An Article “Social learning strategies regulate the wisdom and madness of interactive crowds” by Wataru Toyokawa, Andrew Whalen & Kevin N. Laland, in the Nature Human Behaviour volume 3, pages 183–193, January 2019, examined the patterns of human social learning through an interactive online experiment with 699 participants, varying both task uncertainty and group size.
The authors finding showed that when confronted by challenging tasks, there was a greater conformity among individuals, with the rates of copying increasing with group size. In other words, the study showed that there was a greater tendency for the group to act in a herding manner when confronted with uncertainty than was objectively appropriate.

Conformity versus copying

So, this study reveals in simple terms, the tension and relevance of conformity and copying.
Hence the “Two key factors were identified for study: conformity – that is, the extent to which an individual follows the majority opinion; and copying tendency – the extent to which an individual ignores their own personal knowledge and relies solely on following others.”
The study showed people can be flexible when either conformity or copying was low. In other words, there is evidence that people are exercising more independent thought, which in turn more accurately reflects the notion of the “swarm” intelligence.
However, when the task became a more challenging task, then it showed people acting in a different light. It showed that there was greater conformity among people and also that the copying increased with the size of the group.

The challenge

The challenge is for groups and organisations, to have a better understanding of what is the necessary requirements in order to reduce the risk of this maladaptive herding and at the same time increase the possibility of collective wisdom. The key question is ‘how’?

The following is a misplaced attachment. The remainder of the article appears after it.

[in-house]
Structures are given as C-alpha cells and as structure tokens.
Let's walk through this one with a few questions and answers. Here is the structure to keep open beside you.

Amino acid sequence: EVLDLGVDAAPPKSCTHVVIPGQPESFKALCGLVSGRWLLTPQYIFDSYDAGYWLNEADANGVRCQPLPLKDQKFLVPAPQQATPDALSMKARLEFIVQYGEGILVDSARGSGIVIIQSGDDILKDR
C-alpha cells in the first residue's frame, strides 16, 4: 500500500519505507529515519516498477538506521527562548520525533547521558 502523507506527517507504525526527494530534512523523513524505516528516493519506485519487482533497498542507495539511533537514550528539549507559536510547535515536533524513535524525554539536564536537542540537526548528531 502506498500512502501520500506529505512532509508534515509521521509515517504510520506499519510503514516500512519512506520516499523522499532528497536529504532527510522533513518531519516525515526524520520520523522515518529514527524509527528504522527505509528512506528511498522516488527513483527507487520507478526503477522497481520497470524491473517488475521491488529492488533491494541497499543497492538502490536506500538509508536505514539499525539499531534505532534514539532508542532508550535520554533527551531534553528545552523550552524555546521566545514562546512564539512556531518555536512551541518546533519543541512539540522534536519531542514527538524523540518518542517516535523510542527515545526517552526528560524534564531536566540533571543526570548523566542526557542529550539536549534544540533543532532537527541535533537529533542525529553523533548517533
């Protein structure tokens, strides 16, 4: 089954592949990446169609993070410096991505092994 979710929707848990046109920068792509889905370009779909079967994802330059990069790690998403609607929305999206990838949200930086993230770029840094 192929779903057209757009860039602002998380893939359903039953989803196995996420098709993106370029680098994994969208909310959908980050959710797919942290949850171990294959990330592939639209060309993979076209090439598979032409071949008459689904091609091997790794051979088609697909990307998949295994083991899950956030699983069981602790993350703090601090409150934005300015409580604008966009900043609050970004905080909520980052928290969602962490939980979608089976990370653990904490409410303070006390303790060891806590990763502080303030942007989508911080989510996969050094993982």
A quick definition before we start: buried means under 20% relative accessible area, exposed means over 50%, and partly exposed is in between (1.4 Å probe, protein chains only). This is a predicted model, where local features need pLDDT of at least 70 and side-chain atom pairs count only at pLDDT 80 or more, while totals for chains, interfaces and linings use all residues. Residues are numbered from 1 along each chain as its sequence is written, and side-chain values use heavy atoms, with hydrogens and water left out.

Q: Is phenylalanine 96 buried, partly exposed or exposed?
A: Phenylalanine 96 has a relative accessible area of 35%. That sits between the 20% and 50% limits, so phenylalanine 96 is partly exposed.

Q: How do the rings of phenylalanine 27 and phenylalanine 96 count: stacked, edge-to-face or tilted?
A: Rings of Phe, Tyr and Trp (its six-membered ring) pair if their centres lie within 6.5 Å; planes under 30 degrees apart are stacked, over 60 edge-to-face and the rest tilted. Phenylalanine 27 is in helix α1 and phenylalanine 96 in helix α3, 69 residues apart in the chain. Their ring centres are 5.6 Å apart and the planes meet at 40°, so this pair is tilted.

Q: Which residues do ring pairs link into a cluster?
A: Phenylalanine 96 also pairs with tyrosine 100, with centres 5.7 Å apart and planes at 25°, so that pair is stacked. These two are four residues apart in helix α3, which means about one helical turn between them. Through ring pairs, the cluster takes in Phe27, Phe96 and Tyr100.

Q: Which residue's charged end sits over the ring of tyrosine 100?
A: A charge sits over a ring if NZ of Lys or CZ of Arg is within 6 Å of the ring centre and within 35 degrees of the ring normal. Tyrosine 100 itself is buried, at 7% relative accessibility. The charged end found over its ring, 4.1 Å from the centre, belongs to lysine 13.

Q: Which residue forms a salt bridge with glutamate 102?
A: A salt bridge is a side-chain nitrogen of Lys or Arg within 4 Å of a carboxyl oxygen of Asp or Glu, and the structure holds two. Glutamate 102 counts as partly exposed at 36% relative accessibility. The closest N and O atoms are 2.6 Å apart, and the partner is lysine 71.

The study shows that when people are in large groups and face tough challenges, their tendency is to work against the advantages of collective decision-making. The chemistry of a people group seems to drive down and diminish the benefit of the collective significantly.
The group of people tend to become inflexible in how they operate, and the maladaptive herding behaviour strongly emerges to dominate or at least overly influence the outcome.
In the case of boards, leadership groups or teams, committees, and work groups generally, is the possible emergence of groupthink. Groupthink is something that many boards are familiar with as a challenge.
It was Irving Janis, a research psychologist from Yale University who did research around this pattern. Janis in recognising this psychological phenomenon noted that it occurs as a part of a group of people.
He identified that groups are often influenced by seeking harmony or conformity; and they try to minimise any internal conflicts.
It is obvious what the risks are in all of this. The biggest risk of course is in having decisions which are made without adequate thought and acknowledgement of opposing views. The group protects itself and each of its members by adopting an overly polite and accommodating position. It does not sufficiently encourage and seek out opposing thoughts or views.

Group versus individual decision

Another contributor in this space is Doug Engelbart, who is best known for being the inventor of the computer mouse. Interestingly Engelbart founded the Bootstrap Institute “to boost mankind’s collective capability for coping with complex, urgent problems … in the interest of mankind as a whole.”
Way back in the 1960’s, Engelbart spoke of “Dynamic Knowledge Repositories” which were sophisticated online knowledge environments, linked to each other and offering an infrastructure. He also spoke of Networked Improvement Communities (NICs) that enabled the creation of Dynamic Knowledge Repositories.
His overall vision was far more sophisticated than this very brief description, as he imagined a notion of a global brain. The thought behind this concerns a group having access to more information and resources, and therefore can make better decisions. Again, progressing the value offered through the notion of a collective wisdom.